Hundreds of people have been arrested in the Western Cape and Gauteng for flouting lockdown regulations, put in place to curb the spread of the deadly Covid-19.
In Gauteng, police have arrested 281 people since Sunday for breaking lockdown regulations, provincial police commissioner Lieutenant General Elias Mawela has said.
Mawela spoke to Bongani Bingwa on Talk Radio 702 on Monday.
"Most of those people who we have arrested are those people who do not want to stay in their residences. They gather… along the street, they drink liquor. They just continue as if life is normal."
He added that communities do understand the message of the lockdown as some residents were notifying police of transgressions.
"The majority of our people, they know, they are aware, they know about this thing. But there is a group… who decided they are going to disregard the regulations," Mawela said.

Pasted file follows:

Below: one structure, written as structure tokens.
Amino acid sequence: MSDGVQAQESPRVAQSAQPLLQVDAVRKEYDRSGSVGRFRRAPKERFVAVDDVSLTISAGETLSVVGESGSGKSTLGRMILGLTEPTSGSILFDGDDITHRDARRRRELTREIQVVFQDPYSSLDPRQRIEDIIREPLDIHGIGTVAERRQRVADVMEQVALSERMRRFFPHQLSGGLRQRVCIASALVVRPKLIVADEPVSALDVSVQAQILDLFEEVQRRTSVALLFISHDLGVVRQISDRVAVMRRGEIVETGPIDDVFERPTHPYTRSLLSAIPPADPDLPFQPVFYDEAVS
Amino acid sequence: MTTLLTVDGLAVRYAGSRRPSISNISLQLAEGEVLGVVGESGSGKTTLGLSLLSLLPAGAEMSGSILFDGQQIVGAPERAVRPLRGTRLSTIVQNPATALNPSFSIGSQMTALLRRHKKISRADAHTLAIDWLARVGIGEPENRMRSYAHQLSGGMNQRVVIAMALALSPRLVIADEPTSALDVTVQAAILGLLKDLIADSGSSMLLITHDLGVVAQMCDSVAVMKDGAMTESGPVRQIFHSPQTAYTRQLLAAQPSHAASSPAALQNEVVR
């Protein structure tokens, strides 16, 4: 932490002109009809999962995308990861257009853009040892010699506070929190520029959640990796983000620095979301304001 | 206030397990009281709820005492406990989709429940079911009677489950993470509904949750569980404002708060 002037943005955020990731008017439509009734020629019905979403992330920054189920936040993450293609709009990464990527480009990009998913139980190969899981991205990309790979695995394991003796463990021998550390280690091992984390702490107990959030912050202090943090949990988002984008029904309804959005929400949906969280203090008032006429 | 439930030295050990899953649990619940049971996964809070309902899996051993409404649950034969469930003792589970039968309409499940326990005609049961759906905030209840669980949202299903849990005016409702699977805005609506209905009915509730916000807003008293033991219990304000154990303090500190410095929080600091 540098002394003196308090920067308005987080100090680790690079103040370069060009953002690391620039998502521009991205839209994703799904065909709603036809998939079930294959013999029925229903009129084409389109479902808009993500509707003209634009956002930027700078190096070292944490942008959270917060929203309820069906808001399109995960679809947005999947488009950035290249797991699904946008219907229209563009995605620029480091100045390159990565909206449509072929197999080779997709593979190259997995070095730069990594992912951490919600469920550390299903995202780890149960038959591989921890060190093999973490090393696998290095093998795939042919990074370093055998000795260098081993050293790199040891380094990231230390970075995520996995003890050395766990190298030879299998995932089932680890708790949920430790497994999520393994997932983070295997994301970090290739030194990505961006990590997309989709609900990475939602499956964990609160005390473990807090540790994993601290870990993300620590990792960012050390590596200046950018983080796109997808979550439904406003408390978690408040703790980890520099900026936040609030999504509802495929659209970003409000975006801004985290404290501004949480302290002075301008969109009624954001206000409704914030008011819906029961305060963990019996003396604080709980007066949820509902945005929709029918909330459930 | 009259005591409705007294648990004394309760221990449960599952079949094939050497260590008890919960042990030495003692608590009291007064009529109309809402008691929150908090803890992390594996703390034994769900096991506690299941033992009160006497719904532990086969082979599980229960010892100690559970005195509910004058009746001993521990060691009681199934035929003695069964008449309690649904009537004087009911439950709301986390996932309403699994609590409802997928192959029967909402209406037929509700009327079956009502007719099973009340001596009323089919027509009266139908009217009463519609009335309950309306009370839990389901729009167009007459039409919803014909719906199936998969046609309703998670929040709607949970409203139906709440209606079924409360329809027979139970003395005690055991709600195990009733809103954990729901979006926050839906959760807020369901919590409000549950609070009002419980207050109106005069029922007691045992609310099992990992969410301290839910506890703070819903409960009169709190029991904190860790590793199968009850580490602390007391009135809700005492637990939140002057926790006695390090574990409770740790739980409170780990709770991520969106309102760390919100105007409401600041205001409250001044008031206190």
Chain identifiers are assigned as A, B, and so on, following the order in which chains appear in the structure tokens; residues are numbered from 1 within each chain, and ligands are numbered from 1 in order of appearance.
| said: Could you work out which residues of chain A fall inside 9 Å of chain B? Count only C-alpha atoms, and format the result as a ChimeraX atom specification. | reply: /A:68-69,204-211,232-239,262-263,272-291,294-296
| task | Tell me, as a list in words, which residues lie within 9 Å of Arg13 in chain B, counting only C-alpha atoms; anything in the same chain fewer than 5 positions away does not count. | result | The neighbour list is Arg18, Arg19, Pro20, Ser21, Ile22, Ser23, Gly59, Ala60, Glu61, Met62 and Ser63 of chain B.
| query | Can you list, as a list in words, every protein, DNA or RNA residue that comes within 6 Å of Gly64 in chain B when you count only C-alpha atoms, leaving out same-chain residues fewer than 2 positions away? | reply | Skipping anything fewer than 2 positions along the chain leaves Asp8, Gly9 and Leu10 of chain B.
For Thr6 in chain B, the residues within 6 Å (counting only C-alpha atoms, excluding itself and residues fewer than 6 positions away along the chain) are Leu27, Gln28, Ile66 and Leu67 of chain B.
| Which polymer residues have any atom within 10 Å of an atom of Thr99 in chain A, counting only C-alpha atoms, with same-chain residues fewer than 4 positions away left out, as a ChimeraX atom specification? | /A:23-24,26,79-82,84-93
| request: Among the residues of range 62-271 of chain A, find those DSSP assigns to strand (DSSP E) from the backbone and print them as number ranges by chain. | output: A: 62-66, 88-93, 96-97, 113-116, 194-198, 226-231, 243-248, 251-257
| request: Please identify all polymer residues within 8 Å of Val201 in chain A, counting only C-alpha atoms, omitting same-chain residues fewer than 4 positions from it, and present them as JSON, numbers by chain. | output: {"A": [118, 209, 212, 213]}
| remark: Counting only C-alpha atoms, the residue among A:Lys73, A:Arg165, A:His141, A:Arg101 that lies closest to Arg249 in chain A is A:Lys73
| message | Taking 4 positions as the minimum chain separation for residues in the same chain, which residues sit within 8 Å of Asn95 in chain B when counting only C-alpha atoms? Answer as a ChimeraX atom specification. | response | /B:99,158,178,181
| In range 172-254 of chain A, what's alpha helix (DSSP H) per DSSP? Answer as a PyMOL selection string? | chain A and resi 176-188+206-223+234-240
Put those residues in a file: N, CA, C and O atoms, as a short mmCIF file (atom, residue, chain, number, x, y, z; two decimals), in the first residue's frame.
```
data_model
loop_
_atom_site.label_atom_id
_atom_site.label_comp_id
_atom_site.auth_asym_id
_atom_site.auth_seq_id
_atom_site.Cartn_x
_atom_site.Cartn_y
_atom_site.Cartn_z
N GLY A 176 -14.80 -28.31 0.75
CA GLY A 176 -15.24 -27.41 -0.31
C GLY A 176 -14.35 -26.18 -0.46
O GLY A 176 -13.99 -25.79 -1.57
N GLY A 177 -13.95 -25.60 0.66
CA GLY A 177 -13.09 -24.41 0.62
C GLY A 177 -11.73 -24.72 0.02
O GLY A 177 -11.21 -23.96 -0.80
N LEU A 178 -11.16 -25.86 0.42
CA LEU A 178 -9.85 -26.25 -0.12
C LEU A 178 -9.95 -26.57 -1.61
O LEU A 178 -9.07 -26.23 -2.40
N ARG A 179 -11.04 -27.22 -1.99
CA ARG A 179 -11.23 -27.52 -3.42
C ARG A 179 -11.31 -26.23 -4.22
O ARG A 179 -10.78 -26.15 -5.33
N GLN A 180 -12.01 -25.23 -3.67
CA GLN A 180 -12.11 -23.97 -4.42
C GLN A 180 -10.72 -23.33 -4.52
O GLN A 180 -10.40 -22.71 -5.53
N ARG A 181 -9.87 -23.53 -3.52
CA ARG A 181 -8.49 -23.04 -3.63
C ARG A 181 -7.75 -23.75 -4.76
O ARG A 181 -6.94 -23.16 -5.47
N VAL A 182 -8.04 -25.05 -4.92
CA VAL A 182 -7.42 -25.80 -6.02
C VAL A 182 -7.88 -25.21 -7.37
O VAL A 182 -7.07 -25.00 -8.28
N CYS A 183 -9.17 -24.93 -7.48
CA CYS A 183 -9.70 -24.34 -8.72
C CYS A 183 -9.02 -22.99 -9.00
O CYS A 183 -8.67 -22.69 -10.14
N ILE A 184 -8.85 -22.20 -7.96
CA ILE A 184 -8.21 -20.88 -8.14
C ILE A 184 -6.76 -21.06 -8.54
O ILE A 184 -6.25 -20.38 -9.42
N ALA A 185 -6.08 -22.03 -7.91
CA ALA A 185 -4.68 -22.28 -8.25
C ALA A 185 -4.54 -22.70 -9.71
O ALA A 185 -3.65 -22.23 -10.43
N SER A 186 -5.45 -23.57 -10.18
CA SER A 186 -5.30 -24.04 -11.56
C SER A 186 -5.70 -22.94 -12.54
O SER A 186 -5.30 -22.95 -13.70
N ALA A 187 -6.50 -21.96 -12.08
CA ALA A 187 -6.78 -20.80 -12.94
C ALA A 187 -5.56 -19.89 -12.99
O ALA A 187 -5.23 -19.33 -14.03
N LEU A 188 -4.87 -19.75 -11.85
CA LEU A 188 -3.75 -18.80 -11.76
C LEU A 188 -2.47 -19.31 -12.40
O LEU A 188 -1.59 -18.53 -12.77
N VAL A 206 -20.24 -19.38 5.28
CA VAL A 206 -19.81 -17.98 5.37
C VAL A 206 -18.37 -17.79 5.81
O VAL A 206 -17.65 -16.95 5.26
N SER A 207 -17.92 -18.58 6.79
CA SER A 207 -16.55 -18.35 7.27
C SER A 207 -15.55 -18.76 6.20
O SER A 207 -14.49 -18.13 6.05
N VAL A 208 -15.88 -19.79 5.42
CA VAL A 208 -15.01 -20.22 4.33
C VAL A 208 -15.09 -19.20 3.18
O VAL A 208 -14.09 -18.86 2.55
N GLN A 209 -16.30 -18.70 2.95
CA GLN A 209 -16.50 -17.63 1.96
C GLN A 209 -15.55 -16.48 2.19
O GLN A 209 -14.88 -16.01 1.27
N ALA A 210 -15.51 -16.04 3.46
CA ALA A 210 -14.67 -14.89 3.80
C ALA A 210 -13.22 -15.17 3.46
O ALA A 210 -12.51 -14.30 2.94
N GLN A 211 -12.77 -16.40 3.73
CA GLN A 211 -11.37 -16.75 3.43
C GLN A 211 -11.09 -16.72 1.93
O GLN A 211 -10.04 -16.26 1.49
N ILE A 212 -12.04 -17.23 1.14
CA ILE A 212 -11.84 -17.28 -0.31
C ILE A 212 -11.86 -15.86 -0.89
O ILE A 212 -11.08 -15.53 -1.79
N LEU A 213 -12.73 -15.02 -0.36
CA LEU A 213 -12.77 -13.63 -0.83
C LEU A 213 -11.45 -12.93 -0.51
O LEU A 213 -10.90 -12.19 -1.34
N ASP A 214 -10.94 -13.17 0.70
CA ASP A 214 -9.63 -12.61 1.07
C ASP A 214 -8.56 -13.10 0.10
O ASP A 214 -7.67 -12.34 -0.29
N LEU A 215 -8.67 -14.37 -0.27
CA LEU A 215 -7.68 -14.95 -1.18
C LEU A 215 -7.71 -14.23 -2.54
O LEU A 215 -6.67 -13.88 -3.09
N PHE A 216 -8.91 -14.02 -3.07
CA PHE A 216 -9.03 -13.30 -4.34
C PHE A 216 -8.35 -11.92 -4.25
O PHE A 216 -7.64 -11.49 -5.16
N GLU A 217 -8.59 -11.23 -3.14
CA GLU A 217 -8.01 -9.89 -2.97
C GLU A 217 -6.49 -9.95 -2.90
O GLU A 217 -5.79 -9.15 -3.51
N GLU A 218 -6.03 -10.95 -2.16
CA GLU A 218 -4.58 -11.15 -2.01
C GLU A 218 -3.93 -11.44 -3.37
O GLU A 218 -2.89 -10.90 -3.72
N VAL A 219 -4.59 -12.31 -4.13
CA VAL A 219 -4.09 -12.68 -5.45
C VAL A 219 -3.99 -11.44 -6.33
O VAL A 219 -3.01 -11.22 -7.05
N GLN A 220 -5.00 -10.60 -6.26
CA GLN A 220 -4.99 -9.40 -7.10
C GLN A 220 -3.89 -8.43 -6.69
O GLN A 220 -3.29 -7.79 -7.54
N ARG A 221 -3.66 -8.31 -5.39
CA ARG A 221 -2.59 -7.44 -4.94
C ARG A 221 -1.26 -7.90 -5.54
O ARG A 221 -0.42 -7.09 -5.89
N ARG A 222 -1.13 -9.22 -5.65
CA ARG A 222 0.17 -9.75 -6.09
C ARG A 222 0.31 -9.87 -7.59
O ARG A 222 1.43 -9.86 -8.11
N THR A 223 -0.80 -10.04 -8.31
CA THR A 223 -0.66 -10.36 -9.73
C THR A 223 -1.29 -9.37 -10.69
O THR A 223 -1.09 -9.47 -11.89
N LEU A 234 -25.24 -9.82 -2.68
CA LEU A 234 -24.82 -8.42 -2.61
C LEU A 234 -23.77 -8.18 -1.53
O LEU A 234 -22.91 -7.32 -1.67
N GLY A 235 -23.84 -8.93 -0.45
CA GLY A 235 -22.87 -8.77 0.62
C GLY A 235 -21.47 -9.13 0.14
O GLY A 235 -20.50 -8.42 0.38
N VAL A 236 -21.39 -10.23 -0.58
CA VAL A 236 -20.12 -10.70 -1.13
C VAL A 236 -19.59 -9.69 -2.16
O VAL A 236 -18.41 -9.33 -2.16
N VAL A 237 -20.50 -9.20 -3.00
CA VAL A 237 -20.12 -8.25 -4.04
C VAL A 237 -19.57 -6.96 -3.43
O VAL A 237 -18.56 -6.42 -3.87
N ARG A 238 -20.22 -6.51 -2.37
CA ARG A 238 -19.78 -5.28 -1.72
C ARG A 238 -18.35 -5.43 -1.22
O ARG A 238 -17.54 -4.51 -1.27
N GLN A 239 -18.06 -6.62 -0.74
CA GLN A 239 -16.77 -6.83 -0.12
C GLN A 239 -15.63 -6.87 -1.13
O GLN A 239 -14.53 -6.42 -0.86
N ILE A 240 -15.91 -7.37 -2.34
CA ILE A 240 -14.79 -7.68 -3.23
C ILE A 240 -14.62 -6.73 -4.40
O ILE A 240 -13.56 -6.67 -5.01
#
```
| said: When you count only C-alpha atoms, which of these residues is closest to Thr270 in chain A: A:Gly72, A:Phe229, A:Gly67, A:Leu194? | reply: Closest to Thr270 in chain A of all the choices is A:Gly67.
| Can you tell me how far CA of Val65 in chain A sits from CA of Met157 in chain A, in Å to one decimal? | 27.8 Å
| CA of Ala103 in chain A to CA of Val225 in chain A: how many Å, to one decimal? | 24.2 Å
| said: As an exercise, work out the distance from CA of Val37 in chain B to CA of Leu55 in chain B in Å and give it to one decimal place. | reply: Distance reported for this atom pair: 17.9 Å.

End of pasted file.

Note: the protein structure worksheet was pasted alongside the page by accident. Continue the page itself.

In the Western Cape, 603 people have been arrested since the start of the lockdown at midnight on Thursday, according to Western Cape traffic chief Kenny Africa.
"It seems there are still people who just don't care, who just do not adhere to these regulations," Africa said.
He warned residents that law enforcement will have a "no-nonsense" approach in enforcing the regulations, and appealed to them to stay home.
News24 previously reported 148 arrests in Gauteng on Sunday, while police also issued 25 warnings to residents who failed to adhere to lockdown regulations.
Mawela said the alleged offences included gatherings of more than 50, as well as buying and selling liquor.
In Pretoria, a man was arrested after recording himself at a gathering of more than 100 people on Friday night, News24 reported.
Police Minister Bheki Cele's office said the man was returning from a funeral with friends on 21 March when they gathered at Temba Square in Hammanskraal and played music and drank alcohol in public.
Also on Friday, the City of Johannesburg posted a tweet of a man being arrested after cycling on the freeway.
According to lockdown regulations, people may only leave their homes for essential business, such as buying groceries and seeking medical attention.